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Old 31st January 2016, 09:26 PM   #1
drac2k
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Default A most unusual haladie for comment

I think we can call this a haladie based on the fact that it has 2 opposite blades, however even though I have seen this weapon with a third blade, I have never seen one with 3 spikes and 2 blades.
It is hand forged and well made, but I am unsure how old this is or if it is a fantasy piece. I am seeing some interesting "old-new," items coming out of India recently, but I can not find anything like this.It measures 18" in length, the blades and spikes are sharp .
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Old 31st January 2016, 10:02 PM   #2
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you could poke somebodies eye out with that, as granny used to say.

bit crude, but i like it, not a parade piece, i suspect. how heavy is it? how's the 'feel'?
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Old 31st January 2016, 10:31 PM   #3
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Very solid, about 1.0 to 1.5 lbs.It feels good, surprisingly comfortable to grip.I was wondering about the squared off handle, but after experimenting with it(playing),I found one could thrust with the weapon easily and the squared handle assisted in this.I think this would make a good Thug weapon and in close quarters be very effective !
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Old 1st February 2016, 07:49 AM   #4
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This appears to be in the range of parrying type arms of India, much like the madu.
The thugs (thuggee) actually did not use weapons, but carried out their depredations using a knotted scarf to strangle victims. Their beliefs prohibited shedding of blood. They did however use a mysterious (as far as the lore ascribed to it) pick axe to bury bodies, but again not used as a weapon. Pretty intriguing history though, so easy to consider such an unusual item to these mysterious 'phansigar' (=stranglers).

The spikes reminded me of this guy.
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Old 1st February 2016, 10:03 AM   #5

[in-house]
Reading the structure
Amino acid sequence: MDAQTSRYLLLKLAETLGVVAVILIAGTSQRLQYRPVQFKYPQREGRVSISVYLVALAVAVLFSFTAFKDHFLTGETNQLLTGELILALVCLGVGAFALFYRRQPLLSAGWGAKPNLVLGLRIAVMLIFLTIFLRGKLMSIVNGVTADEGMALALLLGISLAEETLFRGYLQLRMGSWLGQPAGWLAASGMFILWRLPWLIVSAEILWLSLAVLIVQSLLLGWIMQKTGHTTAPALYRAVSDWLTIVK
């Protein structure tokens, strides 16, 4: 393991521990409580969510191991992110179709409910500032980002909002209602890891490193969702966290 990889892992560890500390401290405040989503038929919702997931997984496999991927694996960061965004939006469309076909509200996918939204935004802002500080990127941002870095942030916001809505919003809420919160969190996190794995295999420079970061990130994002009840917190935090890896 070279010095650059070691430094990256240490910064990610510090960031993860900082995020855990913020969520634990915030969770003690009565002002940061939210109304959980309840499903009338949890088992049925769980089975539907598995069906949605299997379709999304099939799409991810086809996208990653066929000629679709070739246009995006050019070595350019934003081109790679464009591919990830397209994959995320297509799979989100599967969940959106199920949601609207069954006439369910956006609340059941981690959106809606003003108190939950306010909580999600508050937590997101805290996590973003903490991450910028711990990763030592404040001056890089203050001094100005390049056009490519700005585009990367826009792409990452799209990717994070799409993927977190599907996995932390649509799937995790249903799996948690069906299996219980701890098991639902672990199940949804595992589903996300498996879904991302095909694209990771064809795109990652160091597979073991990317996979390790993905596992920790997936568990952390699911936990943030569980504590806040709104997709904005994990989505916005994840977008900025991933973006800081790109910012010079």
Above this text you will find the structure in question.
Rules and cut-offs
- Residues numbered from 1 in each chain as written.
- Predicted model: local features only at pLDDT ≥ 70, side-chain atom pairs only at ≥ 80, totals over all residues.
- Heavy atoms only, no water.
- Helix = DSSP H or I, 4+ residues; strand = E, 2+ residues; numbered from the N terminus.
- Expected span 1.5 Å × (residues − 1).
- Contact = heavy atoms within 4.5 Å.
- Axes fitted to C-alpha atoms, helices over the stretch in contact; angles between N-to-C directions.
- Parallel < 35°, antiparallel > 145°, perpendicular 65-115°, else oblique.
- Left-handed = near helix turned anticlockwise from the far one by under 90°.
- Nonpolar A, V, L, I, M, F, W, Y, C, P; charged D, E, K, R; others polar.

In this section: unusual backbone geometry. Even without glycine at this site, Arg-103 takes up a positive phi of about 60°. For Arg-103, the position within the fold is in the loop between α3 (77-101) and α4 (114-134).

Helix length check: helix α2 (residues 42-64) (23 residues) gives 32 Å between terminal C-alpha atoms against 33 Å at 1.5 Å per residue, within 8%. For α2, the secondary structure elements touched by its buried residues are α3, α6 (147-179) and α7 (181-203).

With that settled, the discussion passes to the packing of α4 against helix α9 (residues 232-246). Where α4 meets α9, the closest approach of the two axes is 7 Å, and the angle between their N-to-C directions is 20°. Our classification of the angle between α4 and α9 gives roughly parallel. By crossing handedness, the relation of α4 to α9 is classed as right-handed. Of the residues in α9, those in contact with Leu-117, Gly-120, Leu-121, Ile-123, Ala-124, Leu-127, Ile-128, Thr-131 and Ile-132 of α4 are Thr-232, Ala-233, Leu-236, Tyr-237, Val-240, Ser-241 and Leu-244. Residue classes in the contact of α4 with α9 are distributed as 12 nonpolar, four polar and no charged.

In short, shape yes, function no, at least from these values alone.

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I do not doubt the ability of this haladie to inflict severe bodily damage, but ( just like Drac2k) have hesitations about its age and "historicity".

These days, anything that comes to the market from India as antique is suspect in my eyes until proven otherwise.

20-25 years ago many people bought "antiques" from China in good faith; this rapidly changed into " trust but verify" attitude; by now we all know with iron-clad certainty that everything coming out of there was manufactured last week at the latest.

As the availability of old tulwar handles in India comes down, we see more and more freshly cast ones. Taking into account ridiculously low hourly wages there, even seemingly reasonably-priced "antique" weapons must be bringing high percentage profits.

Caveat emptor!
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Old 1st February 2016, 11:32 AM   #6
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Thanks for the imput .I can see why that guy was the executioner, as he was a most fear inspiring individual !
I guess I got the poor mans' version of that great piece you show .
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Old 1st February 2016, 02:09 PM   #7
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Absolutely ! This guy could kill ya just by looking at him
While the example I showed is of course very refined and using spear type opposites for the parry, it is more like a madu which is the pairs of joined buffalo horns typically with a buckler/shield at the center over the hold loop. These often had spikes from the boss or center of the shield.

Another form as you describe was in the form of one of these but with opposing blades and no shield but a projecting forward blade at the center.
I think it was one Oriental Arms had years ago.
Another form of this group of Indian arms related is the 'saintie'.
I hadn't yet found an example pertinent enough to post, hoping to find more with the prominent hold loop.

As I mentioned, the Thugs/Thuggee were a most mysterious and deadly group in India (I have a thread on them from December 2007) but the only 'weapon' they had was the ceremonial pickaxe with which they dug graves for their victims. As far as is known none of the heads of these is known to currently exist and no examples were ever properly depicted.
These groups were eliminated by the British by about 1850.

While your weapon here is indeed 'rugged' looking, as has been noted, it looks sufficient for actual use and is certainly far from a 'tourist' type item.
What I might suggest is that Indian armourers often were producers of innovative creations which could show influences of other known weapons.
What this reminds me of is a 'test' piece made to show the skills of the maker, mindful of my high school days in metal shop (WAY too many years ago!) where such tests pieces were forged scribes with a loop type handle and the iron 'twist' which was the primary feature testing your skills.
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Old 1st February 2016, 06:29 PM   #8
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the spiral one may look prettier, but i'd rather have yours, drak2k.